One of the greatest strengths of the internet is that it has broken down the barriers to entry for entrepreneurs and small businesses to establish themselves. Initially it created a level playing field for all advertisers. Increasingly in the last few years, it has become tougher to find a successful niche. One of the reasons behind this is that the risk of diffusion of innovation by the online giants is too high.

For example, imagine an online analytics startup in 2003 (Not Urchin!). They would have had to produce a business plan, acquire finance and invest considerable time and resource into developing their solution. All of a sudden Google Analytics is released, for free.

There are more examples:

There has been a recent trend towards online conversion with specialist optimisation agencies such as Tamar and Maxymiser working with advertisers to ensure that the converiosn journey is a fluid as possible. As soon as Google brought out Website Optimiser, what happened to the profits for these companies?

I recently discovered Google Merchant Search. Whilst this is only in Beta in the US and available purely to the finance sector, imagine the damage it could do to the price comparison community?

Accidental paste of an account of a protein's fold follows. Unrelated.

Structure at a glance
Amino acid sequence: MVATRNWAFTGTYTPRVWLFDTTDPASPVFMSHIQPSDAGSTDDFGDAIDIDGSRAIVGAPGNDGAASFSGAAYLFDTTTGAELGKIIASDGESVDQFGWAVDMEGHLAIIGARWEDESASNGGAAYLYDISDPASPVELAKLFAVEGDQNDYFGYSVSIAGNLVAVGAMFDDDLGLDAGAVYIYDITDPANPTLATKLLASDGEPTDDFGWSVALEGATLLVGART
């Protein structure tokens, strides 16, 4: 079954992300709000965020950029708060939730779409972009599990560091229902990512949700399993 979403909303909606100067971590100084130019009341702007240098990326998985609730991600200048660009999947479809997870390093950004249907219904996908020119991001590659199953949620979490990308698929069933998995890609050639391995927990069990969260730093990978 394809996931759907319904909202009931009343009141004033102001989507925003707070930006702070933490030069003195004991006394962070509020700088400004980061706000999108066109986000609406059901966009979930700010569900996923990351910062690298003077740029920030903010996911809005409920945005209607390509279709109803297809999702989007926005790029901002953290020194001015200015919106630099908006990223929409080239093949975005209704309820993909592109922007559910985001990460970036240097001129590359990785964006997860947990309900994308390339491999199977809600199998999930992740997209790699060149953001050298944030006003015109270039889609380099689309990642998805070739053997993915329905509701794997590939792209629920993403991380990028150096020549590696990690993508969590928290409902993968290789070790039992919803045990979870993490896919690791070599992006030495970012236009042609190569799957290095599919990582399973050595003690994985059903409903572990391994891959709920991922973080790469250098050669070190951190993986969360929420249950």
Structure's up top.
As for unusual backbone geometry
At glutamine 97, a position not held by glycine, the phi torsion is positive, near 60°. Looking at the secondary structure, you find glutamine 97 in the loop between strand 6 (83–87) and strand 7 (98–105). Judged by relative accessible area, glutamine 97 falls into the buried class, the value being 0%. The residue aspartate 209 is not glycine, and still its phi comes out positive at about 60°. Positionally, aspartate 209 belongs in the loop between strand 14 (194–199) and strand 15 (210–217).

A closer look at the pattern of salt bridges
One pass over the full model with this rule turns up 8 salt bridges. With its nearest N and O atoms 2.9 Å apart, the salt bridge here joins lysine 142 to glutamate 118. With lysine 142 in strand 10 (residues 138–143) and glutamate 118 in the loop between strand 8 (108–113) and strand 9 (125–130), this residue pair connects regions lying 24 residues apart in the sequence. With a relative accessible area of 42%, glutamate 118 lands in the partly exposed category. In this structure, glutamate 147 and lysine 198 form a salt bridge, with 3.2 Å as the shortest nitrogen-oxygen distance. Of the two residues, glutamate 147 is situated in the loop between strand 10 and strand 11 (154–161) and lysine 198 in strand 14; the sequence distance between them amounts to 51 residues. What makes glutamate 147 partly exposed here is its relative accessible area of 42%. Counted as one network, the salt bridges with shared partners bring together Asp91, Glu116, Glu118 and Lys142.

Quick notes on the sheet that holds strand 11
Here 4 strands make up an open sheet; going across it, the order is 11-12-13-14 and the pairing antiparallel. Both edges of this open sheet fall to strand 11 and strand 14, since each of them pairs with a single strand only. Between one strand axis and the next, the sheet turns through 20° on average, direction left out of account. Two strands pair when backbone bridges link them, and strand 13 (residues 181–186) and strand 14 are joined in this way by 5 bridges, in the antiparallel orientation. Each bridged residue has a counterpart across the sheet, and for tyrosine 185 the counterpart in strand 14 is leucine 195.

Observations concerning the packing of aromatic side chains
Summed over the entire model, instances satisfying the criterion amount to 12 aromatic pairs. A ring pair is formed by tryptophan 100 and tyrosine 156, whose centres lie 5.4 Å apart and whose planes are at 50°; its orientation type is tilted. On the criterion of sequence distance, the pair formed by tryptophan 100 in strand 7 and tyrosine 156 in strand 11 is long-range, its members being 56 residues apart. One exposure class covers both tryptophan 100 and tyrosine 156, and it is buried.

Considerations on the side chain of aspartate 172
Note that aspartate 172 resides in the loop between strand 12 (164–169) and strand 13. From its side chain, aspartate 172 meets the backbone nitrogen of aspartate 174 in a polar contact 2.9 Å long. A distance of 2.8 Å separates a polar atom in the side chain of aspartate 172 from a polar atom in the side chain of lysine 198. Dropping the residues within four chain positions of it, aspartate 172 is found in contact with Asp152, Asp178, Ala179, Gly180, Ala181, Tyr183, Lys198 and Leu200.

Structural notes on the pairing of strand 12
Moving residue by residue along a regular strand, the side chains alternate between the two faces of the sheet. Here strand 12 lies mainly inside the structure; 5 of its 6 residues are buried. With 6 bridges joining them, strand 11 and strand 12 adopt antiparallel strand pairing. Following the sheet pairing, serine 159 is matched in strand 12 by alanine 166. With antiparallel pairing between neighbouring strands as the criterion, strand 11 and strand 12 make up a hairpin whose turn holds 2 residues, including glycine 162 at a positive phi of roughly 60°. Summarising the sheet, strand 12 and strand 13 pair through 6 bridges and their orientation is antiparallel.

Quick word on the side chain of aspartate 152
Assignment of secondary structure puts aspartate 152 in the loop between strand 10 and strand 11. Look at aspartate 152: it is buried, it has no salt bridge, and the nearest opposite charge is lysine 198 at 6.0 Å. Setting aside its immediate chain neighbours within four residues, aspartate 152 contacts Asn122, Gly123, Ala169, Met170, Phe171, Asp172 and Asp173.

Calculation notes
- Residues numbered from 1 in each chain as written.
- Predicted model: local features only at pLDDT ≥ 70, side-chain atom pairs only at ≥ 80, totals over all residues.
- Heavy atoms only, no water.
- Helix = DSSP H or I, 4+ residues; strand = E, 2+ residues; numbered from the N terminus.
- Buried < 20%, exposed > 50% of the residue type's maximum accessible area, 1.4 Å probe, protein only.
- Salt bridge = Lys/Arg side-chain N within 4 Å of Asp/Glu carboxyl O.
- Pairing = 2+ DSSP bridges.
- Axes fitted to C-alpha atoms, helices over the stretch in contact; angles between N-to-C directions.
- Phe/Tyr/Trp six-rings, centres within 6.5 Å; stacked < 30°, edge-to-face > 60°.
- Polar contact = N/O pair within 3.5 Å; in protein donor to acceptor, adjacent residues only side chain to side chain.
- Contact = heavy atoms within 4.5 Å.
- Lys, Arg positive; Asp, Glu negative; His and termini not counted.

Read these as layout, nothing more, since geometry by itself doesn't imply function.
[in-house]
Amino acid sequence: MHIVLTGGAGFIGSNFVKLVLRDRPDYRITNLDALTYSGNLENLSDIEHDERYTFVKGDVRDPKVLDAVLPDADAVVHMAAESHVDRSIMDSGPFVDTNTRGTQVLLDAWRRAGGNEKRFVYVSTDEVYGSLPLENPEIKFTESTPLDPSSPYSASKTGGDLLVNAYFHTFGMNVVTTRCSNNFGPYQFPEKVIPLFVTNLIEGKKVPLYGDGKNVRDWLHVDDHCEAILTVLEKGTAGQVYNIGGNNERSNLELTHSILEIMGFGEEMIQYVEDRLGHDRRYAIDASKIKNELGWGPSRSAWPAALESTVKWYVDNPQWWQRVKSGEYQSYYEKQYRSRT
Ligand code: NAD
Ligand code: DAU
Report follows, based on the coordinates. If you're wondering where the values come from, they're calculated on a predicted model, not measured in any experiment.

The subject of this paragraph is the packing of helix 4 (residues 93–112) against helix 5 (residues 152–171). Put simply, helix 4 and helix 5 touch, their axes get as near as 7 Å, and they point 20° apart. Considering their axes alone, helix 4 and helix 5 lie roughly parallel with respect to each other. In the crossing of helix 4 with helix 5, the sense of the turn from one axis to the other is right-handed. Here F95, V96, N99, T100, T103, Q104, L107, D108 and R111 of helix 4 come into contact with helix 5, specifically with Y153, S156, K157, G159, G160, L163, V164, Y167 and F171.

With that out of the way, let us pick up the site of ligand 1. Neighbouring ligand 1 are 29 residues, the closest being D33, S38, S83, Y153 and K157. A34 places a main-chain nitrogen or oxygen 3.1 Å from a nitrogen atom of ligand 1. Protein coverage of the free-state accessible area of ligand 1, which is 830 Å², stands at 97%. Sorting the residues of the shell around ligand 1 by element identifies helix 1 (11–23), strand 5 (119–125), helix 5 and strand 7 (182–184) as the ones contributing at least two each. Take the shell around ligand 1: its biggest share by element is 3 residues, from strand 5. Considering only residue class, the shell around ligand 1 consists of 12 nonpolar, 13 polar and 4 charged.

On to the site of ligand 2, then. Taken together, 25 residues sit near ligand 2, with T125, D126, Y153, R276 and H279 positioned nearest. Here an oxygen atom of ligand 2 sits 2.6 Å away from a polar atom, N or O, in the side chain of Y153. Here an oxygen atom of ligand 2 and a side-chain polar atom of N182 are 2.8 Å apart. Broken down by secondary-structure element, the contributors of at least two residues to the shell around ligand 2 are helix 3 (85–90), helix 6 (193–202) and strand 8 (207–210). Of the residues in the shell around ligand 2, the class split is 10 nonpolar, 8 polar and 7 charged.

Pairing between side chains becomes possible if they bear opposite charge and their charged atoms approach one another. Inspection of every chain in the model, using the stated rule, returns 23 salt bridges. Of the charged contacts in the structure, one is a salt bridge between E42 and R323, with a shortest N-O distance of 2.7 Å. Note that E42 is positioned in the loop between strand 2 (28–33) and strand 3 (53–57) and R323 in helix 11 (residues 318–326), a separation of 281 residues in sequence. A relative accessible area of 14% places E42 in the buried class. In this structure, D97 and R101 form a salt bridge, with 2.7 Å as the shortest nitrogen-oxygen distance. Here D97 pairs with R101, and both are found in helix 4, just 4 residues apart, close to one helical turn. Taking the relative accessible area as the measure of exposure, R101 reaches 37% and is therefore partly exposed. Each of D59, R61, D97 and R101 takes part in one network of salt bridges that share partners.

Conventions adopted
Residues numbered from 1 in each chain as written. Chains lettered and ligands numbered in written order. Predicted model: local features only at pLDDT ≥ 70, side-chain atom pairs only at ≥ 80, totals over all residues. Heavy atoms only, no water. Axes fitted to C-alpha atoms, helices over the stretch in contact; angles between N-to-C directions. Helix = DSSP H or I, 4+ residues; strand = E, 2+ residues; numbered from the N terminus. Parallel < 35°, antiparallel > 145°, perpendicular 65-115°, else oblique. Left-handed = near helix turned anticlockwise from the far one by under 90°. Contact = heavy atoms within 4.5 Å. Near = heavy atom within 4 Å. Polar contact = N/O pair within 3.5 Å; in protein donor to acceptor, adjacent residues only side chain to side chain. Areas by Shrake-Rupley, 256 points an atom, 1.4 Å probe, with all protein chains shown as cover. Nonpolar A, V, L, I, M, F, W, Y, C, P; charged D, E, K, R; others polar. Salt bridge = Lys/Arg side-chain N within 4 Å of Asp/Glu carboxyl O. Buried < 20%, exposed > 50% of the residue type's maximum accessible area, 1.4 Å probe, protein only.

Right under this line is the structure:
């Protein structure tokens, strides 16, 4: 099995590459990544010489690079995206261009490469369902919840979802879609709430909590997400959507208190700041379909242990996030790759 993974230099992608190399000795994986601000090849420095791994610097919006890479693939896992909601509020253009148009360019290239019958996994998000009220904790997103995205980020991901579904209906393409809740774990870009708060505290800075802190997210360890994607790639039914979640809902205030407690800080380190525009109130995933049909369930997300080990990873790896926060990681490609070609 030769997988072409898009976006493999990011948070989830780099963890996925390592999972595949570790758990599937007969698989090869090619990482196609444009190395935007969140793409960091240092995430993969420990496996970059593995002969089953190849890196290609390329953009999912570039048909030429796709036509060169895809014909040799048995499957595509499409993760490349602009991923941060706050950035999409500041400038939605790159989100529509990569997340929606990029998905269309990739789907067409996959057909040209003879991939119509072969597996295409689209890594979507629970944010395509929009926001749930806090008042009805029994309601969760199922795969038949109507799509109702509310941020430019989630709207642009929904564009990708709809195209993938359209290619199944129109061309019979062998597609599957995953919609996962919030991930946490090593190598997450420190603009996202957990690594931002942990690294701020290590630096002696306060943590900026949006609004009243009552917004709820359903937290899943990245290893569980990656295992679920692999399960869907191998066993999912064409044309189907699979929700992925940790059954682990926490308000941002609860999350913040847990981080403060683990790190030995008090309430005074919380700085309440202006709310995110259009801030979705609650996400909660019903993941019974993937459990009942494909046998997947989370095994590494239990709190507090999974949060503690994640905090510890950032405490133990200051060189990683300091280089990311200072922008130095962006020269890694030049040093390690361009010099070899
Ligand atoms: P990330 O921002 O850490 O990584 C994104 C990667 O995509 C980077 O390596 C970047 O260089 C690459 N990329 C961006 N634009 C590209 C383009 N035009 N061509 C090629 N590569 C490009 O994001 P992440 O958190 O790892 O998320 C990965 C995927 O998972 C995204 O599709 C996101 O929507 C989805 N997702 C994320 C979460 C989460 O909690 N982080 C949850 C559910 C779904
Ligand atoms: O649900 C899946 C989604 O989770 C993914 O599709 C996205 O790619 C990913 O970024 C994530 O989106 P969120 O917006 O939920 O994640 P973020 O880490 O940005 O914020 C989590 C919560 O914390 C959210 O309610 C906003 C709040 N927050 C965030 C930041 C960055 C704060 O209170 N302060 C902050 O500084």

Google Wave is on the horizon and has the potential to dramatically affect the way in which live communication manifests itself online. How does this affect organisations that are providing Live Assistance software?

There are of course a lot more. What effect does Google Trends and Insights
have on your Hitwise subscription? How does Gmail affect your corporate choice of email provider? And how had Google Maps affected online cartographers.

As I implied in my previous post, Google controls the online customer. They have the power to decimate a large number of online businesses without significant material investment.

Of course Google could never threaten to become the equivalent of the fictional Skynet. After all they do no evil.